Louisev. The answer to your sub3 question is yes. I had a similar story of a few lost years, and found myself running my three fastest marathons in the last year, and am now well past my 46th birthday (you didn't say how old you are). My advice would be to focus on building up steady consistent mileage around a half to get a champs time and then go for London in a couple of years well prepared for a marathon. Trying to do a full on marathon program from scratch with such a young kid is not easy and I am not convinced it is at all worth it. My kids are now around 10 or more (I am a man) and getting out the house is 1000x easier. Good luck!
Greetings all. I haven't posted here in a long time but wanted to wish you all well for London. I can never keep up enough to offer input, but enjoy following the everyday stories of running folk- makes me feel almost normal!
Hi guys. Great thread- I just skimmed through in last hour. Captures well the sad position I have reached where I no longer have any belief, and little interest, in the winners of endurance events. I am much more interested in the exploits of those who juggle mediocre talent with life, families and jobs and knock out a decent marathon once or twice a year.
For a long time I was muddled up with the rights and wrongs of drug taking/ boundaries etc. My simple framework to make sense of this is to remember that sport is kind of pointless, other than we all love heroes who take a great talent combined with a great work ethic and then deliver a great competitive performance on a big stage against the best in the world. If behind this and in total infringement of the rules needles, TUEs, blood bags in Spain, etc are employed, as well as inevitable and prolonged lying and lawyers, then in am no longer interested. More or less all of the rules are arbitrary, so either follow them all or don't participate. If gaining a 5-10% advantage through an elaborate drug program is somehow ok, then maybe those who don't want that route can just move their blocks 5-10m further up the 100m track.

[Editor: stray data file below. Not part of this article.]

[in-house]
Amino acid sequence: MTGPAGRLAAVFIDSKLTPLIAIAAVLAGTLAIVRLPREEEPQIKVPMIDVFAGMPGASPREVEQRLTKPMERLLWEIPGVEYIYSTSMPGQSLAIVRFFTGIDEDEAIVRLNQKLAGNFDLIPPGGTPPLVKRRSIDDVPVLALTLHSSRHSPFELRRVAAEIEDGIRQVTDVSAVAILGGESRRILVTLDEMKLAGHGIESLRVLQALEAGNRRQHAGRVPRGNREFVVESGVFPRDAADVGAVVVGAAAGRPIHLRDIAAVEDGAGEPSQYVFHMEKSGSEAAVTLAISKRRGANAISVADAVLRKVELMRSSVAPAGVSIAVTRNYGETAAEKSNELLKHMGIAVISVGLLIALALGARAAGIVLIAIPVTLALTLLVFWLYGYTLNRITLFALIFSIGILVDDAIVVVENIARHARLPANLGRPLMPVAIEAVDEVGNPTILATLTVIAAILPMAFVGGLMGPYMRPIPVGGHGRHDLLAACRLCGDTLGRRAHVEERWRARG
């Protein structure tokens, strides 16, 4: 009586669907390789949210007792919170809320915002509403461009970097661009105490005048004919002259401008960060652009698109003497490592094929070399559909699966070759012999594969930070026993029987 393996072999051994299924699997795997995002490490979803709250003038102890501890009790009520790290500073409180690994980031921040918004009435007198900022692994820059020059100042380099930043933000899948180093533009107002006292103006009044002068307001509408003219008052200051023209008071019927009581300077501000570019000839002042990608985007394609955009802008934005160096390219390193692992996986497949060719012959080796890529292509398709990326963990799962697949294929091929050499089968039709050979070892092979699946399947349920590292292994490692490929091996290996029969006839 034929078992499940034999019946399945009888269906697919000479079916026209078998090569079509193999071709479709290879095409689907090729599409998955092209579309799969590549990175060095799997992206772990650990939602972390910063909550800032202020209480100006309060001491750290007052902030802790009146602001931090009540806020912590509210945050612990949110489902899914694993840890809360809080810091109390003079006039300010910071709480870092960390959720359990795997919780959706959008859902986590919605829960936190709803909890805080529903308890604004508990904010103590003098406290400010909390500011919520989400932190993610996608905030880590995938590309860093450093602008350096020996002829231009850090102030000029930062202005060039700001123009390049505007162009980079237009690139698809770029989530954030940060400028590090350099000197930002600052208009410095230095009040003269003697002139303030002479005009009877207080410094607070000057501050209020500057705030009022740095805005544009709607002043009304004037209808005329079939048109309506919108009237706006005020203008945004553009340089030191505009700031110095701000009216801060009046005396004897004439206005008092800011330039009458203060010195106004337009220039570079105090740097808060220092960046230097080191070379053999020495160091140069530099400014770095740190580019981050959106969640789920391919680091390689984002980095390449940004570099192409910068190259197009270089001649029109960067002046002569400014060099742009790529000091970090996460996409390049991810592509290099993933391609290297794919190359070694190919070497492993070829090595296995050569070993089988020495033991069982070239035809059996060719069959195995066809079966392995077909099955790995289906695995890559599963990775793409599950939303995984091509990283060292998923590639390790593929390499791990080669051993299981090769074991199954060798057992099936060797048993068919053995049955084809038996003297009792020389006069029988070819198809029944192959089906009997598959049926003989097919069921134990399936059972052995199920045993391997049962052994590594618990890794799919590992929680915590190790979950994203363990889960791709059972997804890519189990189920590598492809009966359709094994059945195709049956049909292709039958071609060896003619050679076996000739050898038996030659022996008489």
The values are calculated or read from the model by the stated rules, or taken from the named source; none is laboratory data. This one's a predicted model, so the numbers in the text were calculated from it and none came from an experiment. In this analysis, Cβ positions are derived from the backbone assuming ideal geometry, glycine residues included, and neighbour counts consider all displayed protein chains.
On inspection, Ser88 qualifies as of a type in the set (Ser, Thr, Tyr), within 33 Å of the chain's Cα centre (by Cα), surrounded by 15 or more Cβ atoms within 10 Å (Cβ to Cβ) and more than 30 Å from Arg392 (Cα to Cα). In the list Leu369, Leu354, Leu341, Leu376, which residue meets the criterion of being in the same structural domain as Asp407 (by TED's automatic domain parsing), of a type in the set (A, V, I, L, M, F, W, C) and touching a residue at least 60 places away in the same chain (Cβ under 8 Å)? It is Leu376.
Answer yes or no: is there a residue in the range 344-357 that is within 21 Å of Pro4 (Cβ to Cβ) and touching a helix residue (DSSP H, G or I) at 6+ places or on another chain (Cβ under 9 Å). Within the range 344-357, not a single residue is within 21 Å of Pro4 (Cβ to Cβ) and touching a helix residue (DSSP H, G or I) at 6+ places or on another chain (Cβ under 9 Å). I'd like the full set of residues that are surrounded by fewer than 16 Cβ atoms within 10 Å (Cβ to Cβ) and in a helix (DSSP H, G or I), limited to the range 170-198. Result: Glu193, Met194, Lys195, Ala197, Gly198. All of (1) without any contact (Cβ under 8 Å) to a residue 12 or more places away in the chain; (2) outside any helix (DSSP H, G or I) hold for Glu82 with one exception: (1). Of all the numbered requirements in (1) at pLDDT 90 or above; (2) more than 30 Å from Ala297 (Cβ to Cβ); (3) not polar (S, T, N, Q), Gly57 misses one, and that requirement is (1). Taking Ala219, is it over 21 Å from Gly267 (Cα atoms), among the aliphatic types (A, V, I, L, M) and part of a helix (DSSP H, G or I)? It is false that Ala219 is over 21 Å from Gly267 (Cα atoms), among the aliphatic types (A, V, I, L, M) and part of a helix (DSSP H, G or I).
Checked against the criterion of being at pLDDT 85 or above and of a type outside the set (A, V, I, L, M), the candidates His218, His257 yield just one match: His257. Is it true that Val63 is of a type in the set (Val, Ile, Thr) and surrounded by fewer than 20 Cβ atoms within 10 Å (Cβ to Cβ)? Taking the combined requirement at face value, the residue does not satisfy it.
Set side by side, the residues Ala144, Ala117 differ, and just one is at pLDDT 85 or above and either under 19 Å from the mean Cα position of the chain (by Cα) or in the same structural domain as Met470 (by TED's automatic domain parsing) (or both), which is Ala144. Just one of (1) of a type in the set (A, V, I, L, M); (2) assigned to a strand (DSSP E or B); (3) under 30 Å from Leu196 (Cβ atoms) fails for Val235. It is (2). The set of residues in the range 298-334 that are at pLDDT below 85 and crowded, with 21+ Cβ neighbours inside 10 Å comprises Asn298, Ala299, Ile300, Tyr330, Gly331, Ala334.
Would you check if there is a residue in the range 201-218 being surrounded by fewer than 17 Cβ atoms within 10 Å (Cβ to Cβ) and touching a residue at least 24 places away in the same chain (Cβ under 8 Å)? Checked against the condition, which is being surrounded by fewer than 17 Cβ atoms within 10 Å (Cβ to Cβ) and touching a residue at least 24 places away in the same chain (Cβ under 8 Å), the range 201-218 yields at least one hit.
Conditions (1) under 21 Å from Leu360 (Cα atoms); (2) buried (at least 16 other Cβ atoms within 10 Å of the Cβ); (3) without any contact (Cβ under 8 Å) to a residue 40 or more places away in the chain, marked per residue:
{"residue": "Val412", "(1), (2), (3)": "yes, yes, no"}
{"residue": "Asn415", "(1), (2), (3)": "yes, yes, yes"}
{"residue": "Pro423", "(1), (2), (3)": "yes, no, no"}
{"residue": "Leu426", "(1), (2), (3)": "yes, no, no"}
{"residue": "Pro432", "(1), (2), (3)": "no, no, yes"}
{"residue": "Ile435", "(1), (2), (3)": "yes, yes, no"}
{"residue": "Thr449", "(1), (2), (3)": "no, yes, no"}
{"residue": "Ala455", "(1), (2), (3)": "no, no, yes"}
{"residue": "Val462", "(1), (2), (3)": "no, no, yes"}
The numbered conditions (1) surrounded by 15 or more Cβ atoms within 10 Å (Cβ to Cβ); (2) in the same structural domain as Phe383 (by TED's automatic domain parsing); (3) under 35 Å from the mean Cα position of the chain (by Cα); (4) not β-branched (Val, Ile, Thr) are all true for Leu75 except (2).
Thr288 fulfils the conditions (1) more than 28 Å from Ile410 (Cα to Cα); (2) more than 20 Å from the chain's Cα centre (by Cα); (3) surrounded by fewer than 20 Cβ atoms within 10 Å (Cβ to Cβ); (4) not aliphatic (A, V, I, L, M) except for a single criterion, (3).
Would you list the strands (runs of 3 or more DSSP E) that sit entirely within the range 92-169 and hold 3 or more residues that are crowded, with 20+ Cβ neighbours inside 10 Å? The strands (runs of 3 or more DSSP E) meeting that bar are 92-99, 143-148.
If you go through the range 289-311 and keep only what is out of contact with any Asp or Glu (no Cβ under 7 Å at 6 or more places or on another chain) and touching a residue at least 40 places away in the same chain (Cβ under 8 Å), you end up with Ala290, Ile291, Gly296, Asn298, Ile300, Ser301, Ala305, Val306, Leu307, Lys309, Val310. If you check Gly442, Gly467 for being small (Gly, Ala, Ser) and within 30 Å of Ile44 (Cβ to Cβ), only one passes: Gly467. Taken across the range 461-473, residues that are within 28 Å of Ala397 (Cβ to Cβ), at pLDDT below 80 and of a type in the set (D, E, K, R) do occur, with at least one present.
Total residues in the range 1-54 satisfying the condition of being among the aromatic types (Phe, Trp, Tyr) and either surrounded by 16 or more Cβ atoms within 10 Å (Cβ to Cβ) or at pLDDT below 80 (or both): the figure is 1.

So for me what we now have with athletics (and cyclying) is a sport on the same standing as professional wrestling. I am not sure how it recovers any integrity, and as such it is actually possible that in the next 10-20 years it will just disappear all together.
I will leave you all to get on with your discussion.
Charlie. Thanks for sharing. Interesting study- hope the data is useful for you. I do suspect at a population level folks like you may have diet and exercise patterns so extreme as to be mostly confounding to the study.
Charlie. Just out of curiosity, who is running this study that you are part of? And did they specifically recruit a cohort of "athletes" or are you being mixed up with all comers as part of the analysis?